Teachers: don’t diss the data

A recent report has called for the focus in education to be put “back on teaching, away from paperwork”. As someone who has spent four decades in education, I share the pain of pointless paperwork and meaningless marking. However, it’s important to set the record straight for what is often dismissed as “data”. The decisions we make when it comes to teaching must be informed by quality data.

As NSW Teachers Federation Deputy President Joan Lemaire states in the same article, our “most important work is getting to know students”. Of course it is – but the work is enhanced when we can gather information about how students are progressing. 

I’ve written before that data has to be a tool of trade for every teacher. Good teachers know that unless data is central to the work, there is little way of gauging how effective the teaching really is. There’s a hokey old expression that goes “a poor worker blames his tools”. Rather than criticising teachers who might feel a little uncomfortable with using data as a tool in the classroom, we need to shift the focus on to how we better support the use of the information that we currently collect about student learning.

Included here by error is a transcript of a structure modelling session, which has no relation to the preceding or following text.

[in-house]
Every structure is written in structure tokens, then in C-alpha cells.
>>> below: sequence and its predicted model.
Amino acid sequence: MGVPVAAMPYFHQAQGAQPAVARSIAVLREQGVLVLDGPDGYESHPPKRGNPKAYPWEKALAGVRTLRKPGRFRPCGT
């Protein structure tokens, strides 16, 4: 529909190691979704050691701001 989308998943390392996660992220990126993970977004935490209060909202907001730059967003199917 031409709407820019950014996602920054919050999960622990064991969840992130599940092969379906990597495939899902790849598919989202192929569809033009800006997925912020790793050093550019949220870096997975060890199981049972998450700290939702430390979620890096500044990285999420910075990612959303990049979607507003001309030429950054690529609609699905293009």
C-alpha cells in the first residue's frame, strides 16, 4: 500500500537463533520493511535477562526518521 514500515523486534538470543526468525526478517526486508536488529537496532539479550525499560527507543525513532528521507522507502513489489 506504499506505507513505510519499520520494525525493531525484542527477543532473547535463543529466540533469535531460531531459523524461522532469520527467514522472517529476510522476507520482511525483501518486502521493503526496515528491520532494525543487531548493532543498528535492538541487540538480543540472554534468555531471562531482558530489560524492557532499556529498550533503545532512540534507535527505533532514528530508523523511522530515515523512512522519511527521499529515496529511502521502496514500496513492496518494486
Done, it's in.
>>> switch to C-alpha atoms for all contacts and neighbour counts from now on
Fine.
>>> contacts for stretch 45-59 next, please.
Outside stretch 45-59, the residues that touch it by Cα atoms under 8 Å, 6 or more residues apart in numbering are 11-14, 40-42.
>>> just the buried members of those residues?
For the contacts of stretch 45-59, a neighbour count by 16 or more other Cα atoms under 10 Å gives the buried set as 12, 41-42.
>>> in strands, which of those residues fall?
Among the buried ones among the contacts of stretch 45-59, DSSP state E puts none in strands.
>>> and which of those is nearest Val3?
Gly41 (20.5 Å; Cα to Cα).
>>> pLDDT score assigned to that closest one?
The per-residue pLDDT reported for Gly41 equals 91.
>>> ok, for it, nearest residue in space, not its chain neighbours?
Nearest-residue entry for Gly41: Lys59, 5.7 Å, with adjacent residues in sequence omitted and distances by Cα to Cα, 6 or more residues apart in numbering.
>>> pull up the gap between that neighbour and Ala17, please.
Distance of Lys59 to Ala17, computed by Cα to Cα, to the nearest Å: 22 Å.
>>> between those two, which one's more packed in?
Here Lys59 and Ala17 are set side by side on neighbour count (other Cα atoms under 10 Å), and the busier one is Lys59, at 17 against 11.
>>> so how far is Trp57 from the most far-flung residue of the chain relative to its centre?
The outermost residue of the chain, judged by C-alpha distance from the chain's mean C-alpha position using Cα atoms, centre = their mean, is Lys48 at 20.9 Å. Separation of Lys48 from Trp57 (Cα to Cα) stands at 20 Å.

Whenever there are discussions about the use of data in schools, it is inevitably tied to NAPLAN. NAPLAN is an Australia-wide snapshot of how students are doing in certain measures of progress at a particular point in time. The critical question for all schools is how is it being used to improve the learning and teaching in this community? I believe we need to get NAPLAN data back to students and schools as quickly as possible so that teachers can understand, analyse and use the information while it is still an accurate reflection of where each child is at.

It’s easy to diss data because it’s not what people get excited about in education. Data isn’t “Dead Poets Society” or “Goodbye Mr Chips” but we know it does matter. So by all means, let’s ditch the administrative drivel and red-tape that is often associated with education policy-making. But don’t throw the data out with the bathwater!


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